Meal patterns are influenced by lifestyles, dietary habits and cultures. Few studies investigating children’s meal patterns are available all over the world. In adults, a survey was conducted between 2012 and 2014 in nine countries (France, Spain, Germany, United Kingdom, United States, Russia, China, Brazil and Middle-East countries) on a sample of 1,000 adults in each country (TNS Sofres, Food 360 study, 2014). The study shows that even if the time and composition of eating occasions differ from one country to another, the pattern of three main meals (breakfast, lunch and dinner) is predominant in many countries (see Figure 2).

childrensnackingfigure2

Figure 2: Percentage of adults eating breakfast, lunch and dinner every day
Source: Adapted from TNS Sofres, Food 360 study, 2014

However, main meals do not seem to be the only eating occasions of the day. In the same study, 90% of people surveyed said they eat in-between meals at least once per day (TNS Sofres, Food 360 study, 2014). The same behavior is observed in children who, depending on the country, eat in-between meals once, twice or even three times a day (Table 1). Children’s meal patterns are based on those of adults who are acting as models of eating behavior (Savage et al., 2007). In-between meal eating takes place in the morning, in the afternoon and sometimes even in the evening. The type of food eaten differs according to culture. National surveys, longitudinal and transversal studies on dietary behavior and food consumption refer to those moments as "snacking occasions" or "in-between meal eating occasions". Most of these studies consider as "snacking occasions" every food or drink consumption happening outside of main meals. Table 1 gives an overview of the number of in-between meal eating occasions in children aged 3 to 12 years across the globe.

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Table 1: Actual snacking practices in children aged 3 to 12 years across the globe

how can children benefit from structured/mindful snacking?


The words "snacking" and "snacks" have different meanings according to culture, and may reflect different types of consumption. The terms "merienda" in Latin America and Spain, "goûter" in France, or even "второй завтрак" in Russia are words referring to in-between meal eating occasions that are part of local dietary habits. Different words are used over the globe to describe these traditional in-between meal eating occasions.

It is important to differentiate unstructured snacking from structured/mindful snacking. Unstructured snacking consists of random eating occasions, not triggered by hunger but subjected to external influences. These eating occasions are unplanned, and the foods consumed may be of poor nutritional quality and high energy density, which may lead to an unbalanced diet and poor energy balance. Structured snacking consists of increasing eating frequency by fractioning meals, without changing the total quantity of energy ingested, and answers to a physiological requirement.It's about being more mindful and conscious about what and how much one is consuming, and when.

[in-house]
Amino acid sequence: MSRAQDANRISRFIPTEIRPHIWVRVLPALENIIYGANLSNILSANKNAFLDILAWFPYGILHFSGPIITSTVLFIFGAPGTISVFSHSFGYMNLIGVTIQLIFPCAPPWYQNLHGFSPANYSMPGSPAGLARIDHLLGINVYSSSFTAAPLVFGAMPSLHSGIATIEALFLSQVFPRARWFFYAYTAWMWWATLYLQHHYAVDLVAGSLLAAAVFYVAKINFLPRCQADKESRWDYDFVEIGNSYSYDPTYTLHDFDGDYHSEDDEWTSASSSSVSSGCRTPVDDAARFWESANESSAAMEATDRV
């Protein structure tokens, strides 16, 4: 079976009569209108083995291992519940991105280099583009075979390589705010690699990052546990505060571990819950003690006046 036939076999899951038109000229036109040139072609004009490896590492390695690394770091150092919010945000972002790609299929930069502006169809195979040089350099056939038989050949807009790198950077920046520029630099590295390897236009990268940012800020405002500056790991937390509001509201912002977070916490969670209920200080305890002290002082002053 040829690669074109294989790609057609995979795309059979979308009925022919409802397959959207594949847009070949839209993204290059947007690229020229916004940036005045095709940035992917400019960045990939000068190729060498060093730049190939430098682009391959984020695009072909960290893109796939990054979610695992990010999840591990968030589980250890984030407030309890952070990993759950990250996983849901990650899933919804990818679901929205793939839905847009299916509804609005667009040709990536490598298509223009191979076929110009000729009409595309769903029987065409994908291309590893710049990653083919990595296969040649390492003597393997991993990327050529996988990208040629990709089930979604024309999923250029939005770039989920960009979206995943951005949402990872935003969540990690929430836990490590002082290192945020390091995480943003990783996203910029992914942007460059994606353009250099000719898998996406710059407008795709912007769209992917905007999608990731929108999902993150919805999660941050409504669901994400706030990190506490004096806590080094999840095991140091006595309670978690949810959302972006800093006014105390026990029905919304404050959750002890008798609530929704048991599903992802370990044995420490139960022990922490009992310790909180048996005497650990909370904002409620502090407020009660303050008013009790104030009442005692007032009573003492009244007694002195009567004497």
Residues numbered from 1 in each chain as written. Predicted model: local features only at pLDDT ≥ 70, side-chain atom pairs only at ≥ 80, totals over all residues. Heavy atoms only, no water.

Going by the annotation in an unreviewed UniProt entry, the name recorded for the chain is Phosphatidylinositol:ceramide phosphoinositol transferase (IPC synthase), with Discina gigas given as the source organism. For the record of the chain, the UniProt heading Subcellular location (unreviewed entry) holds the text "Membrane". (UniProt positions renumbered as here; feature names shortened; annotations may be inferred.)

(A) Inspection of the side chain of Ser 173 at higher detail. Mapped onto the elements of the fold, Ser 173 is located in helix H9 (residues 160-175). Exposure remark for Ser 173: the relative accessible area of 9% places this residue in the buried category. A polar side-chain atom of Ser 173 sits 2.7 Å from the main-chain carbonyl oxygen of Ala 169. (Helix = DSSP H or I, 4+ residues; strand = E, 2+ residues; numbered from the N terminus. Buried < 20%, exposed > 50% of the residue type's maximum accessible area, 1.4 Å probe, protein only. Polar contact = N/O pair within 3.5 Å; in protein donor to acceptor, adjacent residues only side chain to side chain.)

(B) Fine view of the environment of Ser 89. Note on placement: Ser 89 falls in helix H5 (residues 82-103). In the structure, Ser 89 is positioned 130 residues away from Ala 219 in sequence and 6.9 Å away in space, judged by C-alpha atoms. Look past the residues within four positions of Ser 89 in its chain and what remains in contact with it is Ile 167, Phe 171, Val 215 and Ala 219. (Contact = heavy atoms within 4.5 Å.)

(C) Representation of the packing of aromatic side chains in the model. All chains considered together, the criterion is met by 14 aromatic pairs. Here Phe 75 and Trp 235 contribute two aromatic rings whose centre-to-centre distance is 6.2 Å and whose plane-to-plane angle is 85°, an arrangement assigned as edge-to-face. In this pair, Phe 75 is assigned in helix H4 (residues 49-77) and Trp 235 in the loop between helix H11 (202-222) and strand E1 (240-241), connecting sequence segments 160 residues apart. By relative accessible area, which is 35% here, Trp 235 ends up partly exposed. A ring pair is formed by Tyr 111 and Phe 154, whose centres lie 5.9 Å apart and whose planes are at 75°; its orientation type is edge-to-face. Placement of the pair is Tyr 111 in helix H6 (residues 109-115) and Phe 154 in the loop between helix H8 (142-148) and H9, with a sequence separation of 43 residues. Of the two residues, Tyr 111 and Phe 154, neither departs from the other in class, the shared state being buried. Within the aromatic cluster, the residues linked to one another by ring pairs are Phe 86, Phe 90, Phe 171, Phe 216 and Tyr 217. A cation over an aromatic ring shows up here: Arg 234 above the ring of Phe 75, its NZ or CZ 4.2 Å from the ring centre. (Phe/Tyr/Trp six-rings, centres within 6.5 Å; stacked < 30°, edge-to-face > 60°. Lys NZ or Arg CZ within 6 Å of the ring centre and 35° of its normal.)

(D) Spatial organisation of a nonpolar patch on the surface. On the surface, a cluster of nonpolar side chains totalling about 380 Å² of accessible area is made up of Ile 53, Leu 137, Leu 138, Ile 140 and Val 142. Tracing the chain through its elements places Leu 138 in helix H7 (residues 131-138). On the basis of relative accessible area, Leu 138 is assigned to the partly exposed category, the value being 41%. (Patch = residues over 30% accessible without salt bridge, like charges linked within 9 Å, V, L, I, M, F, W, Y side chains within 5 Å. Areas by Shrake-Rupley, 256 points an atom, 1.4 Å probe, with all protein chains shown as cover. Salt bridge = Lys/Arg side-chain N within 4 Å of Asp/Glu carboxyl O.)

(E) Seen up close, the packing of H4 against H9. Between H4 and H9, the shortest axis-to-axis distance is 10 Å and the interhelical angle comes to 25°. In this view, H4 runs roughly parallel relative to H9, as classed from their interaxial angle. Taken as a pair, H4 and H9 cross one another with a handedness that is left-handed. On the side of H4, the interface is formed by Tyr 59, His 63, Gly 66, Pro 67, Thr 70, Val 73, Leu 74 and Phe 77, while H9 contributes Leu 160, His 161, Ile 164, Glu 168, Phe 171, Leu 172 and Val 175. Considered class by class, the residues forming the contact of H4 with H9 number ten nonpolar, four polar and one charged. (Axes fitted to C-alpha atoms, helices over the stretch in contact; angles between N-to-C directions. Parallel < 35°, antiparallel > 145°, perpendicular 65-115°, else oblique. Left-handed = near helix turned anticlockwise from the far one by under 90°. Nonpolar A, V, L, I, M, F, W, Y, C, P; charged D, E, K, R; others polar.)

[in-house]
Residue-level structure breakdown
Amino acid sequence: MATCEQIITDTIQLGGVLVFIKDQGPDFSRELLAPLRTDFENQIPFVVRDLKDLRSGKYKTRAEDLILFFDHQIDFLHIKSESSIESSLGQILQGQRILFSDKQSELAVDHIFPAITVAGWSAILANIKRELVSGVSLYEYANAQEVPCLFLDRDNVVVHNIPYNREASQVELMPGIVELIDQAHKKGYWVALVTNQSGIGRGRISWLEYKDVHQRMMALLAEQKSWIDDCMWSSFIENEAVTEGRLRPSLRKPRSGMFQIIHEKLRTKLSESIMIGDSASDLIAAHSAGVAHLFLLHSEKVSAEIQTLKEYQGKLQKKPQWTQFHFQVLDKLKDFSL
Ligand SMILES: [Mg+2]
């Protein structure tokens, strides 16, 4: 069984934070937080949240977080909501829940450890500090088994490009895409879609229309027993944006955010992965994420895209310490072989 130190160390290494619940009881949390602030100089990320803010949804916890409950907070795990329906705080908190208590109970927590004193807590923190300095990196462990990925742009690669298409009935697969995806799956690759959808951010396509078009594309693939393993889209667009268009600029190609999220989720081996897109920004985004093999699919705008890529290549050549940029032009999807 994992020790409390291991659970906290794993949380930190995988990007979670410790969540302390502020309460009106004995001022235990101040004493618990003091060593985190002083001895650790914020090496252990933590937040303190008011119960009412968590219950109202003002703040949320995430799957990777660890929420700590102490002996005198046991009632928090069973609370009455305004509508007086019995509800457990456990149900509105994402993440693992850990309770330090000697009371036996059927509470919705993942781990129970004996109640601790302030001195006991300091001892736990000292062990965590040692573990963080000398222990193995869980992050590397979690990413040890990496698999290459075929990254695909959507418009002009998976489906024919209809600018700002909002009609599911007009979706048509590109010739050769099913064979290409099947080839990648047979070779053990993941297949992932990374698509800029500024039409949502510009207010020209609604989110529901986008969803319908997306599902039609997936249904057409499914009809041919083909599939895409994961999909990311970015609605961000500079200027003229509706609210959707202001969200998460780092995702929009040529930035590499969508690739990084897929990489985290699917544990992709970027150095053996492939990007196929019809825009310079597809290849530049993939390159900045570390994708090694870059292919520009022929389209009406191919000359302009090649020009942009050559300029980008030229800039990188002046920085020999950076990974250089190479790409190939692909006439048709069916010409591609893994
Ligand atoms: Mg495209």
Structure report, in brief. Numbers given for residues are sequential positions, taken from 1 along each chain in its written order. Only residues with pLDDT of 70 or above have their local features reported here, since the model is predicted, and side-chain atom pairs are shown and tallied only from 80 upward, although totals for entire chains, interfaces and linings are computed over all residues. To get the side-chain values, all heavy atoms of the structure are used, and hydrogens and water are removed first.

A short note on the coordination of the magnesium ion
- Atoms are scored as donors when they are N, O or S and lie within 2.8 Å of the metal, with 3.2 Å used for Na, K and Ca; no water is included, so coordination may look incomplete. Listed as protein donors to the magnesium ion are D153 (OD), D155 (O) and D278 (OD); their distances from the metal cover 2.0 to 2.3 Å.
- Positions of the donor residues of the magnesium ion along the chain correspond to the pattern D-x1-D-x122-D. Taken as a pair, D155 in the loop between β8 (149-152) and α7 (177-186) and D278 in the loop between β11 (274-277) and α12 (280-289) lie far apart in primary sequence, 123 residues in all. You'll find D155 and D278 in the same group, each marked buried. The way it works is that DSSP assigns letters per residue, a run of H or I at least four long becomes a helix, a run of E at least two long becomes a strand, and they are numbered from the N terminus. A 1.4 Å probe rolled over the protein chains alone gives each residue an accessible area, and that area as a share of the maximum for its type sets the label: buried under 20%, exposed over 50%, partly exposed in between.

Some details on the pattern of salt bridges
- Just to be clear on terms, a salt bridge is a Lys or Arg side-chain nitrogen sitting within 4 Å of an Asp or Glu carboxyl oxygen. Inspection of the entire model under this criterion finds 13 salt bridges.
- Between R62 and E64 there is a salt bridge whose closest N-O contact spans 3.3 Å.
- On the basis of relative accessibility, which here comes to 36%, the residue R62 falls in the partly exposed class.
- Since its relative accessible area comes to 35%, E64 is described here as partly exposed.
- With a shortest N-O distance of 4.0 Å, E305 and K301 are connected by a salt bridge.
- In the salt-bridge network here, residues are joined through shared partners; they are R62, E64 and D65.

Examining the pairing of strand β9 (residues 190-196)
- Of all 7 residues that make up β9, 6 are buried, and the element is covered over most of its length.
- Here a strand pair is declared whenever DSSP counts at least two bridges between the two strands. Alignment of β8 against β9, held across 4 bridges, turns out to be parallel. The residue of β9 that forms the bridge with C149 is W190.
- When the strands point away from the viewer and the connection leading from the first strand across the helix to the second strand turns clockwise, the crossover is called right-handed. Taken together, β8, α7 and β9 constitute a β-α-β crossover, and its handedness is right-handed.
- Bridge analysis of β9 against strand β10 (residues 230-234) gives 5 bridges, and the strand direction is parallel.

Where the consumption context is inappropriate (e.g. eating in front of the television), where consumption takes place in response to environmental stimuli, in the absence of hunger, and where foods or drinks consumed are of poor nutritional quality, snacking may increase energy intake and lead to an unbalanced diet, leading ultimately to weight gain (Bellisle, 2014).

However, structured or mindful snacking can be interesting for certain groups of the population such as children, who have high nutritional requirements with respect to their weight, and limited digestive volume. It can be used to more easily adjust energy intake to requirements (Bellisle, 2014). Generally, children tend to be more attentive to their appetite and make up for their dietary intake more efficiently than adults (Birch et al., 1991; Fisher et al., 2000). In healthy subjects, including children, snacking could even be a source of quality nutrition (e.g. fruits, whole grains, fibers) (Deheeger et al., 1997; Hampl et al., 2003; Kerr et al., 2009). As a result, structured snacking could be beneficial for children provided it is part of a balanced diet and does not add to their daily energy intakes.

national nutritional recommendations for in-between meal eating occasions


In-between meal eating occasions are an integral part of dietary patterns, and recommendations exist to ensure they are nutritionally balanced. National authorities provide advice on healthy snacking, which does not unbalance children’s diet and give suggestions for balanced snacks. In many countries worldwide the proportion of daily energy intake that the snack should represent is around 10% per snacking occasion. As variety and diversity are essential in a balanced diet, it is recommended to include several elements from different food groups (cereal foods, dairy foods, fruits, vegetables). Table 2 lists some local recommendations on healthy snacking and suggestions for snacks.

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Table 2: National guidelines about children’s snacking

Many categories of foods can be part of balanced snacks and among them, the large biscuit family.

how biscuits can fit with mindful snacking?


Three main ingredients go into biscuit-making. They are flour, fat and sugar. The different proportions of ingredients used to make biscuits result in many different types, tastes, textures and nutritional compositions (Denis, 2011). Biscuits generally have low water content meaning they can be stored for some time. They are energy dense, and their density varies according to the category. A qualitative benchmark of the French market in 2008 revealed that on average, the energy provided by biscuits reaches 100 kcal for 30 g of gingerbread, 130 kcal for 30 g of dry biscuits, 140 kcal for 30 g of chocolate brownie and 160 kcal for 30 g of puff pastry biscuits (Denis, 2011). Not all biscuits have therefore the same nutritional impact on children’s diet.

When flour is made from whole grains, biscuits can contribute to the recommended whole grain and fiber intakes. The use of fats of good nutritional quality can also help improve the lipid profile consumed by children. In France for instance, pastries and biscuits are an important source of omega 3 polyunsaturated fatty acids (especially alpha-linolenic acid) in children and adolescents aged 3 to 17 years (ONIDOL, 2015).

It is important to ensure that biscuits are taken at set times, so as not to cause imbalance in children’s overall diet. Snack suggestions are issued by national bodies to ensure they are nutritionally balanced and some include biscuits as the cereal food (Table 3). By choosing biscuits with adapted nutritional profile and portion size, as part of a balanced snack, it is possible to satisfy children’s energy and nutritional needs while keeping the taste they like.

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Table 3: Examples of balanced snacks suggested in dietary guidelines including biscuits or not